Trend Micro CSM spam folder

Discussion in 'Windows Small Business Server' started by Gregg Hill, Feb 5, 2006.

  1. Gregg Hill

    Gregg Hill Guest

    Hello!

    I installed Trend CSM 3.0 on my SBS 2003 Premium server to test it before
    installing at client sites. At first, I really liked the idea of letting end
    users manage their own spam folder using the End User Quarantine (EUQ)
    feature. Now, I am not so sure about that. This version seems to let through
    a lot more spam than did Symantec Mail Security, but on the other hand,
    having the EUQ allows my users to never miss an important email because it
    got dropped completely by a spam filter.

    Version 3.0 seems to miss a lot of spam and incorrectly sends a lot of valid
    mail to the spam folder. I read that Trend uses Bayesian filtering, and what
    I read said it was far superior to static lists such as those used by
    Symantec, which is why I switched. Either that was hype, or version 3.0 does
    not use Bayesian filtering.

    Question: if I remove the EUQ feature, where does CSM 3.0 drop the mail it
    thinks is spam?

    I am currently testing CSM 2.0 on another server to see if it is any better
    with spam than is version 3.0. I need something accurate with spam and easy
    to review if users miss something they should have received.

    Thank you for your time!

    Gregg Hill
     
    Gregg Hill, Feb 5, 2006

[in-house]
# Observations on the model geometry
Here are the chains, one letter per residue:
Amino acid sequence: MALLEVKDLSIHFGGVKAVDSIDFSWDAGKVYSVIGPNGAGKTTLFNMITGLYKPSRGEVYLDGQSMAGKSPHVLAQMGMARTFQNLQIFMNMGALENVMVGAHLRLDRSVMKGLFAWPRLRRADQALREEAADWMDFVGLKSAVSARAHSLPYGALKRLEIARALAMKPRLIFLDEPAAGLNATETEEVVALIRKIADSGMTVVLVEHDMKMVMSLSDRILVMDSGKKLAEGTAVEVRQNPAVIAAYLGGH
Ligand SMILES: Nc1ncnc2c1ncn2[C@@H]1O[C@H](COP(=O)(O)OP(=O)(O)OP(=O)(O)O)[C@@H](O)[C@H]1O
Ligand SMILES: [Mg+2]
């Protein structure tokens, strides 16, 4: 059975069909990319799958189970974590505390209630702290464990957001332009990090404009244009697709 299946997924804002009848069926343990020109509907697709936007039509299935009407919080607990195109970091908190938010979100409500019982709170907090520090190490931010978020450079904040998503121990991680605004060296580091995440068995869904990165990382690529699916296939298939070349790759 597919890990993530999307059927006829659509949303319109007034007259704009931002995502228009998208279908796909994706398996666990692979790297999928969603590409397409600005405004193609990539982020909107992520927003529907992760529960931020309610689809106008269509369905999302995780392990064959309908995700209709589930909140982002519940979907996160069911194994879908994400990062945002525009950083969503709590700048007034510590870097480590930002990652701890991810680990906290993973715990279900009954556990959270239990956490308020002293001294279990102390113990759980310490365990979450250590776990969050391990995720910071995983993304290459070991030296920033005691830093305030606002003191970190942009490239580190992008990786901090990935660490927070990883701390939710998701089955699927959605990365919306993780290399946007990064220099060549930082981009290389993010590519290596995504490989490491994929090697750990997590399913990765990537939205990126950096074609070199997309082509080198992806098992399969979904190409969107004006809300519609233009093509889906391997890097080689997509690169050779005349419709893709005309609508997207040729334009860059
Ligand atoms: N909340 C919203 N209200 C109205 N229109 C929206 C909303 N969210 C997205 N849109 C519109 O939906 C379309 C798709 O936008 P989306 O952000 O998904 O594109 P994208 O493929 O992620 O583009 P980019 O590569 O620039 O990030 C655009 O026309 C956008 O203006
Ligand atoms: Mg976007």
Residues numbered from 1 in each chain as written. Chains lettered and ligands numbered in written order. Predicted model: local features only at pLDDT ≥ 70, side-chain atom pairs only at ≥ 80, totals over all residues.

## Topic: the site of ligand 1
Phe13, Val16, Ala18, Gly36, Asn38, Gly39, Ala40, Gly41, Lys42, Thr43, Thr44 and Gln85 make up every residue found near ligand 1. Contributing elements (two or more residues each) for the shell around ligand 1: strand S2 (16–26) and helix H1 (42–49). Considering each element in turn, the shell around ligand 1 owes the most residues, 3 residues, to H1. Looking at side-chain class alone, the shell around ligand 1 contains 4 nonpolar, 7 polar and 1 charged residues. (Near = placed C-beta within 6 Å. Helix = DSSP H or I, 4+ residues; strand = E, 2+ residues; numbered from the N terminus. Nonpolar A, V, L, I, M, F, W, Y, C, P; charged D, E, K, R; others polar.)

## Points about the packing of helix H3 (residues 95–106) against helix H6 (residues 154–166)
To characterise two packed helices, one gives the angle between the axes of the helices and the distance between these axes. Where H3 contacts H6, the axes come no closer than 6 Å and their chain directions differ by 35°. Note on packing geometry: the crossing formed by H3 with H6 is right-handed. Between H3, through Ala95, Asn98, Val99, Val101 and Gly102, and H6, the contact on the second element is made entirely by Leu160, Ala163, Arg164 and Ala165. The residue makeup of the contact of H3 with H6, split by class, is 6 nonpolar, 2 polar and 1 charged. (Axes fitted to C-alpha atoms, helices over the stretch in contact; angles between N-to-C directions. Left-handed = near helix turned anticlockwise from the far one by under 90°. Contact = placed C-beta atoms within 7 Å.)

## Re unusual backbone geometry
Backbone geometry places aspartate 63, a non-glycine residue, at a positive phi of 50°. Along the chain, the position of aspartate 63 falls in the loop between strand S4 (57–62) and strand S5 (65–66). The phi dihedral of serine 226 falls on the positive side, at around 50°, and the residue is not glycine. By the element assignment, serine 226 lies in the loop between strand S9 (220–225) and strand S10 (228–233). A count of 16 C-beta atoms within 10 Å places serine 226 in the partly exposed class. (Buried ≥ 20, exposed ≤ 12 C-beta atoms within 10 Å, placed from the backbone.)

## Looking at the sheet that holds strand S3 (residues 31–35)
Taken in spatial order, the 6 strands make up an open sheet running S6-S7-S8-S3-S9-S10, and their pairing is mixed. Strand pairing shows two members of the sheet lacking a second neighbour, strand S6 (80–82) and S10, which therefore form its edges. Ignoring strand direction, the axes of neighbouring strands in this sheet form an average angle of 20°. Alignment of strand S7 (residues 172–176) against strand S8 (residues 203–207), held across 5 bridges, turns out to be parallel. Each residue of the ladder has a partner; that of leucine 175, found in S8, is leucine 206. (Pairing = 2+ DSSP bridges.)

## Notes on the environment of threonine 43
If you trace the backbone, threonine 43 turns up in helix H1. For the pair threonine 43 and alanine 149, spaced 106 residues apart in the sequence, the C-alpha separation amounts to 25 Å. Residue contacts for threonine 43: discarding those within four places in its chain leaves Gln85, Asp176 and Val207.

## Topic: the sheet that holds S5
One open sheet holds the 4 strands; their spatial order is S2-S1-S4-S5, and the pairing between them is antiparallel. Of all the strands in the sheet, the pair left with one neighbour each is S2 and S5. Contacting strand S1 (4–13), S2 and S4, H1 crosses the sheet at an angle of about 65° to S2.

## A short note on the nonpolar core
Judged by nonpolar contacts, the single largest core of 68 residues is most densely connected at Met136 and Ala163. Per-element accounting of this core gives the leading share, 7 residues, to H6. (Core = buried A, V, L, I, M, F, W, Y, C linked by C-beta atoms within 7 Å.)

#1
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  2. That's a design issue with CSM v3 - server side quarantine has been removed.
    The only option you have is EUQ, so instead of it being an added feature,
    it's a replacement. One given, another taken away.

    And yes, I believe the spam filtering provided by eManager (in CSM v2) is
    better at not only filtering spam, but also logging and archiving.
     
    Les Connor [SBS Community Member - SBS MVP], Feb 5, 2006
    #2
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  3. I am currently in the process of an SBS 2003 migration and am running Trend
    Micro with the old SBS 2000. We had lots of problems upgarding from v2 to
    v3. I don't know if we will have the same problems installing v3 on the SBS
    2003 or not or if you recommend we stay with v2?

    Thanks for any suggestions.


     
    Tom in Pittsburgh, Feb 5, 2006
    #3
  4. Hi Tom,

    Personally I'd recommend CSM v2 at this time, as there's absolutely nothing
    wrong with it ;-).

    And, depending on the migration technique you're using - if it's swing
    migration (www.sbsmigration.com) then it's possible to take the Trend
    database from the old server to the new - meaning no client machines need be
    touched.


    --
    Les Connor [SBS Community Member - SBS MVP]